The first change was to replace the original spring and cam chain adjuster with the “Doohickey” and torsion-type spring. This was done because the original spring was found to be too long, not allowing for much adjustment, and the aftermarket adjuster was superior in design to the original. The torsion-type spring also prevented possible breakage and the broken parts finding their way into dark places in the engine and the subsequent nightmares of where the pieces might end up.
A fuel flow adjuster was installed to make flow adjustments for higher or lower altitudes without having to remove the carburetor. While the carburetor was out, a Happy Trails T-Vent Modification was made to prevent kinking and dirt from getting into the line.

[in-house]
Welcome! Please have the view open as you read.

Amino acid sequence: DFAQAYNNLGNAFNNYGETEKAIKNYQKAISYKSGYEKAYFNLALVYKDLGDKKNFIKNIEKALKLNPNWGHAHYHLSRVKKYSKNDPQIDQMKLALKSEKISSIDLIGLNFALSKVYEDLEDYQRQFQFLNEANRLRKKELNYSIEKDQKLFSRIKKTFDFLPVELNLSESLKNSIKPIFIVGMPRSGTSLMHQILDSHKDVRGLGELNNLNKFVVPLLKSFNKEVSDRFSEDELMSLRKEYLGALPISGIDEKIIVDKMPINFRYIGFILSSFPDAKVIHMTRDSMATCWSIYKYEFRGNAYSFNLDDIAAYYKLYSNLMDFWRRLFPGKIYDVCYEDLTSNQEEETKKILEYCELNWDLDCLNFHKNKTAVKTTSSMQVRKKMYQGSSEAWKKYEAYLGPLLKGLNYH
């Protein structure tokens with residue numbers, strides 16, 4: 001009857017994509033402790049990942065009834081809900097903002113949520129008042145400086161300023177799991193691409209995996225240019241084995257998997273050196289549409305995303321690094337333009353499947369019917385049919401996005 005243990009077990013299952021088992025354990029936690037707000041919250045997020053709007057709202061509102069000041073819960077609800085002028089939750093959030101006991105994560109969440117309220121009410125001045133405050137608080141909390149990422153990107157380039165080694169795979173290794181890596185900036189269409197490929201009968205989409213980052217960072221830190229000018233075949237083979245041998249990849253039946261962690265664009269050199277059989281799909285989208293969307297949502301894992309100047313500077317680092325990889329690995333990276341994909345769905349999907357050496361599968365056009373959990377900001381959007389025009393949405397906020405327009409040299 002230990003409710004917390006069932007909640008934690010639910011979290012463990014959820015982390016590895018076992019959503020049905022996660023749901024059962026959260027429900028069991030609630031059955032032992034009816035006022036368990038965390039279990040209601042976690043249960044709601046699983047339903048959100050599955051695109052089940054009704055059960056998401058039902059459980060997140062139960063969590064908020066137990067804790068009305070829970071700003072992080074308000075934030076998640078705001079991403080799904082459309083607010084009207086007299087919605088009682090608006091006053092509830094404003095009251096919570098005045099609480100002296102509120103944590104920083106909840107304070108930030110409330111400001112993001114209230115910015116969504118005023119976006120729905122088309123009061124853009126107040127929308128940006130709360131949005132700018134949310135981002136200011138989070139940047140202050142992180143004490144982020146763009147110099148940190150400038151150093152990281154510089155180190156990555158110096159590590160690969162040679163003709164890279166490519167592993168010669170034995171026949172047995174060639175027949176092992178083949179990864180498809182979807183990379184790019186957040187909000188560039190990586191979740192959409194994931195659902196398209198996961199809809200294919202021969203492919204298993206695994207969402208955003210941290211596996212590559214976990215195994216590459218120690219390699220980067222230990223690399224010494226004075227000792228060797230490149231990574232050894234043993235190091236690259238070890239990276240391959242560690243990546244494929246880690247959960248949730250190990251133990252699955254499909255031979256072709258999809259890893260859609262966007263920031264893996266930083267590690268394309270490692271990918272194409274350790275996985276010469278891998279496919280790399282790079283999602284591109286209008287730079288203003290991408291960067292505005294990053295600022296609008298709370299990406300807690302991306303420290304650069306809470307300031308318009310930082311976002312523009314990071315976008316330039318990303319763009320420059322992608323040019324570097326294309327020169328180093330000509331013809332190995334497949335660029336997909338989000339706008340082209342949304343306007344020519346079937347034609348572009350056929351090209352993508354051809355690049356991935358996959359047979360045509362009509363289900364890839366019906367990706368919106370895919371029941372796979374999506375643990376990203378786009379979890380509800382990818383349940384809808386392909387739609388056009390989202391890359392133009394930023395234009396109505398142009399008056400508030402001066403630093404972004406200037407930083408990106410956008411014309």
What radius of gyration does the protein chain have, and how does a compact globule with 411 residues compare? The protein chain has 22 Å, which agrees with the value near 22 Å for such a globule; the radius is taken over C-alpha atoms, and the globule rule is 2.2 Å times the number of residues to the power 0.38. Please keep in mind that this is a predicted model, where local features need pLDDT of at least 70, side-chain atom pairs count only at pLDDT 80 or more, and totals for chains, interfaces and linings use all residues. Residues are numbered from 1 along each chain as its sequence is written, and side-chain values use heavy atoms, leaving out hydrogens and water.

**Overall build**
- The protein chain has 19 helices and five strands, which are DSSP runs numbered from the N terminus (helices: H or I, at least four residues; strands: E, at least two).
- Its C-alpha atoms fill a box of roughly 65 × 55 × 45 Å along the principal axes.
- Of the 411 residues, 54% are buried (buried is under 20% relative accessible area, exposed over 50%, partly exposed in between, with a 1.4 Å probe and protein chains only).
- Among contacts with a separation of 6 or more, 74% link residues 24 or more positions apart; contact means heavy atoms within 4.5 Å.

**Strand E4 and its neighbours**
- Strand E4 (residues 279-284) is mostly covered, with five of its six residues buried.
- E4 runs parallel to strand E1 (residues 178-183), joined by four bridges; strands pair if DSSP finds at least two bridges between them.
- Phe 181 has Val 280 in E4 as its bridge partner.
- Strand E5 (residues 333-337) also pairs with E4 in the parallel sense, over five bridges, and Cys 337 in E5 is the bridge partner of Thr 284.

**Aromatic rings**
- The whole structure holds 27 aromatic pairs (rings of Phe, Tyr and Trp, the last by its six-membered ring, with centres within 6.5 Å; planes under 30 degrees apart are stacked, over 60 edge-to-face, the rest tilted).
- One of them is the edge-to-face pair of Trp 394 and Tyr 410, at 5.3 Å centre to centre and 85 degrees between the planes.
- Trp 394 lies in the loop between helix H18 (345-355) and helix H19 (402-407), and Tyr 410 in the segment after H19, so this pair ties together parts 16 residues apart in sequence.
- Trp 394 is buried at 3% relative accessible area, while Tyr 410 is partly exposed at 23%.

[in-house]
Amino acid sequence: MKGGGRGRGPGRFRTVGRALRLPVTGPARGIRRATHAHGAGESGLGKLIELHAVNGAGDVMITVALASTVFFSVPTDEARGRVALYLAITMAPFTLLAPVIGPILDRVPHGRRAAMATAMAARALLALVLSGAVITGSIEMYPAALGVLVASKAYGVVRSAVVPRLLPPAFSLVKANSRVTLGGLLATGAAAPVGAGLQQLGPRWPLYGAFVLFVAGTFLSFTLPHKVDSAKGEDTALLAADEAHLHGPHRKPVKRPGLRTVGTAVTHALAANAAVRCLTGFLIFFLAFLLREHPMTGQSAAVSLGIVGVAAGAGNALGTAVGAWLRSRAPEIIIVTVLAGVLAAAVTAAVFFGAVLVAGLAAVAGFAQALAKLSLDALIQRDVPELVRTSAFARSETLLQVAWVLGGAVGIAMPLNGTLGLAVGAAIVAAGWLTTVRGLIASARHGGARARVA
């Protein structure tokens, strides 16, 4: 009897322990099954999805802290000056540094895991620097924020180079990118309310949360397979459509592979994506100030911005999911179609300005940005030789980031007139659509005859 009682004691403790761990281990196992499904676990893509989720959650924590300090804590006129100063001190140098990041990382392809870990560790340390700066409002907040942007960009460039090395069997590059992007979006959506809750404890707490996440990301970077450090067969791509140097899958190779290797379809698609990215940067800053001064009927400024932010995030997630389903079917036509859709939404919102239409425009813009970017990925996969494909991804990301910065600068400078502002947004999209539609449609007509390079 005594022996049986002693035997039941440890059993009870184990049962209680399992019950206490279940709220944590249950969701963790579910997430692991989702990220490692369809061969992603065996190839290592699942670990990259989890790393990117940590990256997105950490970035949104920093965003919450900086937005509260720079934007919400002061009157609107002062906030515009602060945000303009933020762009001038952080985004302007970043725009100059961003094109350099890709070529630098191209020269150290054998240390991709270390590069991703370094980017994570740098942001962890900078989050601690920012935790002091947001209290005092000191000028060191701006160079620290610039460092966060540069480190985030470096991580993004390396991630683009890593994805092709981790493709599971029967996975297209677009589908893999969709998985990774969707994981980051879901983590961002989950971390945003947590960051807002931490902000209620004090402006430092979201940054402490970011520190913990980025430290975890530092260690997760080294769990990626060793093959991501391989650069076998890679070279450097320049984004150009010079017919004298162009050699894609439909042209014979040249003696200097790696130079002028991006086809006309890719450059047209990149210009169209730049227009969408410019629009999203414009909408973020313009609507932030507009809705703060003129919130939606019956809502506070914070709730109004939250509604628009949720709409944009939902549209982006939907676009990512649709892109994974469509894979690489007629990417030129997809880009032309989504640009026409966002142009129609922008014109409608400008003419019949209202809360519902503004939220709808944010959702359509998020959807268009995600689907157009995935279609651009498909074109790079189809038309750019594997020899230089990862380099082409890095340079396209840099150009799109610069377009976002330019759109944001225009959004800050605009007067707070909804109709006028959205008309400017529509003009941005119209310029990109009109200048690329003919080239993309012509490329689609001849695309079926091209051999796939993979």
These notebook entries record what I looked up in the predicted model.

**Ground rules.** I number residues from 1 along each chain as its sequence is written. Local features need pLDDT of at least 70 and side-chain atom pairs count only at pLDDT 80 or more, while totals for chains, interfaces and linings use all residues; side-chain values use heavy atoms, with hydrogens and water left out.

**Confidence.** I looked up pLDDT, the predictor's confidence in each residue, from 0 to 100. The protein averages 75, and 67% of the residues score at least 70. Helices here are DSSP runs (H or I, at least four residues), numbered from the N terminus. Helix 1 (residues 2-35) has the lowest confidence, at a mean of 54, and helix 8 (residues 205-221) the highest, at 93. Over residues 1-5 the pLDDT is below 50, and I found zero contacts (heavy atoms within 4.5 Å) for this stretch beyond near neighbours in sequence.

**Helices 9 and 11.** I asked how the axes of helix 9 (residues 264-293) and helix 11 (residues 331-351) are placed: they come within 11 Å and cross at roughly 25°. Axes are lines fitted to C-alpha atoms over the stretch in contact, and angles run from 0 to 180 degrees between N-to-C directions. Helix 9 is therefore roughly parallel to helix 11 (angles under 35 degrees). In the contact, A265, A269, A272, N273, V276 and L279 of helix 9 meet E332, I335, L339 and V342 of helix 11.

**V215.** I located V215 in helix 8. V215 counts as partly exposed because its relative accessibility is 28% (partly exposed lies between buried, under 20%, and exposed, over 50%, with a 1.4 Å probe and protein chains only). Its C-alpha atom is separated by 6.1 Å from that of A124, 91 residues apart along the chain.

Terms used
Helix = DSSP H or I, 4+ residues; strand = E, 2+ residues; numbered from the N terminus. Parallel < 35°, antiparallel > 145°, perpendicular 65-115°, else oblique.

A fuel line filter was added in the main fuel line to the carburetor to catch any flotsam and jetsam that might be found in less hygienic petrol like that sold from liter bottles on the side of the road in parts of South America, Asia and Africa.
The original oil filter was replaced by a steel mesh re-usable one. This was done for maintenance purposes, assuming a replacement might not be easily found on the road, like in Siberia. It also lessened the need to carry replacement filters. A 20-50 weight oil was used as the replacement oil, allowing for the wide range in temperatures from the scorching heat of the Sahara Desert to below freezing at Deadhorse, Alaska.
Heavy duty RD Nerf Bars and Highway Pegs from Happy Trails bolted right on to protect the engine and body work while adding an optional riding position for the rider.